I first would like to acknowledge my sponsors Eric SM1TDE, Gert PA3AAV and Bob I2WIJ. Thank you, Eric, for your nomination and Gert and Bob for your sponsorships.
The strange thing is – I haven’t even been an active ham for more than six months. I got licensed back in 2000 but never really had any time over for the hobby then. See, when my interest in radio first started, I was a young teenager. This was in the early 90’s and I had just set up my first CB-station. I had mounted a 15ft loaded vertical on the chimney and surfed the down slope of solar cycle 22 with 5W FM, working the better part of Europe (as I recall it now, that is). This spurred my interest for “heavier drugs”. So, I started reading up about ham radio. But the timing was a bit off and I never took the test.
After school, was drafted to military service as a telegraphy radio operator and got my basic CW training. After leaving the army I got a job in SIGINT. This meant additional speed training up to 25 WPM. At this workplace, there was a volunteer examiner for ham license! I got my extra class license as SM0XHM. But I left that job in 2001 to go to medical school. Thus, began my CW-hiatus.
About a year ago I’m on the phone with a friend of mine, Peter SM6WKB. He starts talking about what has happened in ham radio the past 20 years. I remember getting excited about DMR! And better still – there was now a plethora of HT’s from cheap to high end. And just like that – I was back in ham radio! Now as SM6XHM.
In the fall of 2020, like a restless child, I was gradually losing interest in DMR. Now my thoughts started wandering about HF. Could I set up a reasonable station at my house? A few months earlier me and my wife opted to take down ALL the trees in the back yard, so there was nowhere to hang any antennas. But I found a Yaesu FT-2000D for sale from a ham in Germany and got it shipped over. I hooked it up to a 130 ft end fed random wire sloping from the house down to a 7 ft curtain pole in the garden. And this is still my setup today! Unfortunately, just 100 ft from the tip of the antenna runs an electrified railroad at about 16kV. Needless to say – there is a fair bit of interference!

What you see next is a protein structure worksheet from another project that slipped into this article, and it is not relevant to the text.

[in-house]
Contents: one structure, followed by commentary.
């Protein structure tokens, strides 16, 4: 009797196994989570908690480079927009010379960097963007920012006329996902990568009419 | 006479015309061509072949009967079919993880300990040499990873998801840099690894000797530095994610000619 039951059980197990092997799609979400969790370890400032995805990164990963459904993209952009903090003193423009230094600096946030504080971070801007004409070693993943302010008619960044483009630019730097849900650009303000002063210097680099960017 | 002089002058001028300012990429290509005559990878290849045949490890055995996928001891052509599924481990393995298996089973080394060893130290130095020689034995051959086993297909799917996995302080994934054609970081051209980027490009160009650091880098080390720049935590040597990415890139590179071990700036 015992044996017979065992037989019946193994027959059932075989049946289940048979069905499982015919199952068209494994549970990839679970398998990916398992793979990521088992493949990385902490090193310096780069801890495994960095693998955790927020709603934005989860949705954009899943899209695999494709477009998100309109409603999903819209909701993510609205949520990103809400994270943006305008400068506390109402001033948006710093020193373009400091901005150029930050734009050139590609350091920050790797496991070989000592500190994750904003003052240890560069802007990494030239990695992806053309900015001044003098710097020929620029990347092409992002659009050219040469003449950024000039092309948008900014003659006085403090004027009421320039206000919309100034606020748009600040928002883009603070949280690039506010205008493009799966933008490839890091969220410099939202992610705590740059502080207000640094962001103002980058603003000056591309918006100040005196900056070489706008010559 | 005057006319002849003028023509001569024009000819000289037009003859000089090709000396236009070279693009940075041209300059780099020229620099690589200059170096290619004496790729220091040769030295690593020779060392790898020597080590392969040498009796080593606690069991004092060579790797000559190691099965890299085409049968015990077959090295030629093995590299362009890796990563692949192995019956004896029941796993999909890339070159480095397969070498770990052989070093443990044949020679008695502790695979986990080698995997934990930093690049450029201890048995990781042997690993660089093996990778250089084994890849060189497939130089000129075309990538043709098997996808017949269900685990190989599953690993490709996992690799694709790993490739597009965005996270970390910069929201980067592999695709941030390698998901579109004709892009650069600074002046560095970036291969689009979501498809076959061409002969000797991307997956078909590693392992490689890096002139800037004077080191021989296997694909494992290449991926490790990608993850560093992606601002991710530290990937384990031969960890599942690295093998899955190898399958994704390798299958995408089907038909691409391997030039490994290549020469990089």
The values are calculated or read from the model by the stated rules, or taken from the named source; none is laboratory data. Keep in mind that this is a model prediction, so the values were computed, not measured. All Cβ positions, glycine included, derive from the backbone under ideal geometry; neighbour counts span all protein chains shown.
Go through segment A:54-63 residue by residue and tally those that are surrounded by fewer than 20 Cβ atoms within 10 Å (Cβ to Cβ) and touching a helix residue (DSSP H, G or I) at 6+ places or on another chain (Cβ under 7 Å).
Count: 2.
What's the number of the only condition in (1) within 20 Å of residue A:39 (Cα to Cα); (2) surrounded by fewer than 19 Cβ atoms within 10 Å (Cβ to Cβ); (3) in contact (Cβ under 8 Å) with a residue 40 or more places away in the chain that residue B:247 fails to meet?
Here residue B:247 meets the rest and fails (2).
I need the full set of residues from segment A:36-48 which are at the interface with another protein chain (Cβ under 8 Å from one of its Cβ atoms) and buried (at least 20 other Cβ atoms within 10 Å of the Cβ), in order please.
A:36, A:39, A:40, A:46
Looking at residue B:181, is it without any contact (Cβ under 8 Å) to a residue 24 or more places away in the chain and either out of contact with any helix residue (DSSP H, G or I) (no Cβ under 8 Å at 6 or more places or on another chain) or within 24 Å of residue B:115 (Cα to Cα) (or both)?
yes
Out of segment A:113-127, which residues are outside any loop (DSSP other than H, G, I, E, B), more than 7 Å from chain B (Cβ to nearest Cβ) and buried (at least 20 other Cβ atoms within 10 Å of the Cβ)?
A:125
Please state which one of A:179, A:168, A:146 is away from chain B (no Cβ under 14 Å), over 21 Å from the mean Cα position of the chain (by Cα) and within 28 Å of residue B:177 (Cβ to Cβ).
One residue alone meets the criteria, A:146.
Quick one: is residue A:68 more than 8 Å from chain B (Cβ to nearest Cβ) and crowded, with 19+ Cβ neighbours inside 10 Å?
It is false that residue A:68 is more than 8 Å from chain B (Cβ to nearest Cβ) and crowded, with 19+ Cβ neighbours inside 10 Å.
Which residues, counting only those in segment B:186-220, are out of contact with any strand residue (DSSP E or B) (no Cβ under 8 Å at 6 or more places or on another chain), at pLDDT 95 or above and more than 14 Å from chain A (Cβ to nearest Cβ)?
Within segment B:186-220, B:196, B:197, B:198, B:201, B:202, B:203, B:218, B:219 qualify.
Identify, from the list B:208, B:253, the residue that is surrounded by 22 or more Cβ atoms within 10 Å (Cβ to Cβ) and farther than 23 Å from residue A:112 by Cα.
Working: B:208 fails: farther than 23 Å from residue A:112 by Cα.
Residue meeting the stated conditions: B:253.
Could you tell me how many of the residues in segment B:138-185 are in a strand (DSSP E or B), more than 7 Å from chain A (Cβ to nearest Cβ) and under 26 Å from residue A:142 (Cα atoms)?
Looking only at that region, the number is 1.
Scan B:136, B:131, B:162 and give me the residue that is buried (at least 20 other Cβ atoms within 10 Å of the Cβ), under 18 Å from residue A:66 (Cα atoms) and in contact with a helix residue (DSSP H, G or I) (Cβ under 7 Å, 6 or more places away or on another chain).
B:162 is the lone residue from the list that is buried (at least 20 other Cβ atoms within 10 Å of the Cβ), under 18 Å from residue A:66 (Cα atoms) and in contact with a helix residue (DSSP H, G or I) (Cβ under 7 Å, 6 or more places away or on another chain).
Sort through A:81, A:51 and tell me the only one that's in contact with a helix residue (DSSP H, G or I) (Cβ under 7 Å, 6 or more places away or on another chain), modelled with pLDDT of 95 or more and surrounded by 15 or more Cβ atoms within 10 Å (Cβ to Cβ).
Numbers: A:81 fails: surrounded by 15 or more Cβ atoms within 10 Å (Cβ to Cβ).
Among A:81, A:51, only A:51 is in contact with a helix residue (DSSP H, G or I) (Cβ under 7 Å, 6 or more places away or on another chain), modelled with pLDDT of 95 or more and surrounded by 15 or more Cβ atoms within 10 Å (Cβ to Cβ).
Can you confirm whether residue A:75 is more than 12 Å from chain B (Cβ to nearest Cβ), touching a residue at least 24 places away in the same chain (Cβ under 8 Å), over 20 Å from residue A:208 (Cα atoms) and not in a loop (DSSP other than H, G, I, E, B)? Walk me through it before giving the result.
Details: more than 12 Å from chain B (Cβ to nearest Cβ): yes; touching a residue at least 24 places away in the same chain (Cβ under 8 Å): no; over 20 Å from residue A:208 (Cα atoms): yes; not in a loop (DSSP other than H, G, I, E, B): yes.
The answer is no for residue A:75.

At this point I am happily striding along with my newfound hobby doing occasional contests (CWT!) and if I’m still this “hooked” in a year – I am seriously going to start looking for a remote site. But I also have a family with two girls to care for and a house that constantly craves attention. Nevertheless, I am honored to be part of a club that keeps CW alive. It is, to me, truly a noble art that deserves to be preserved. I have still long ways to go before I am as proficient as my peers in CWops, but this journey has just begun.This biography is what appeared in Solid Copy when the member joined CWops.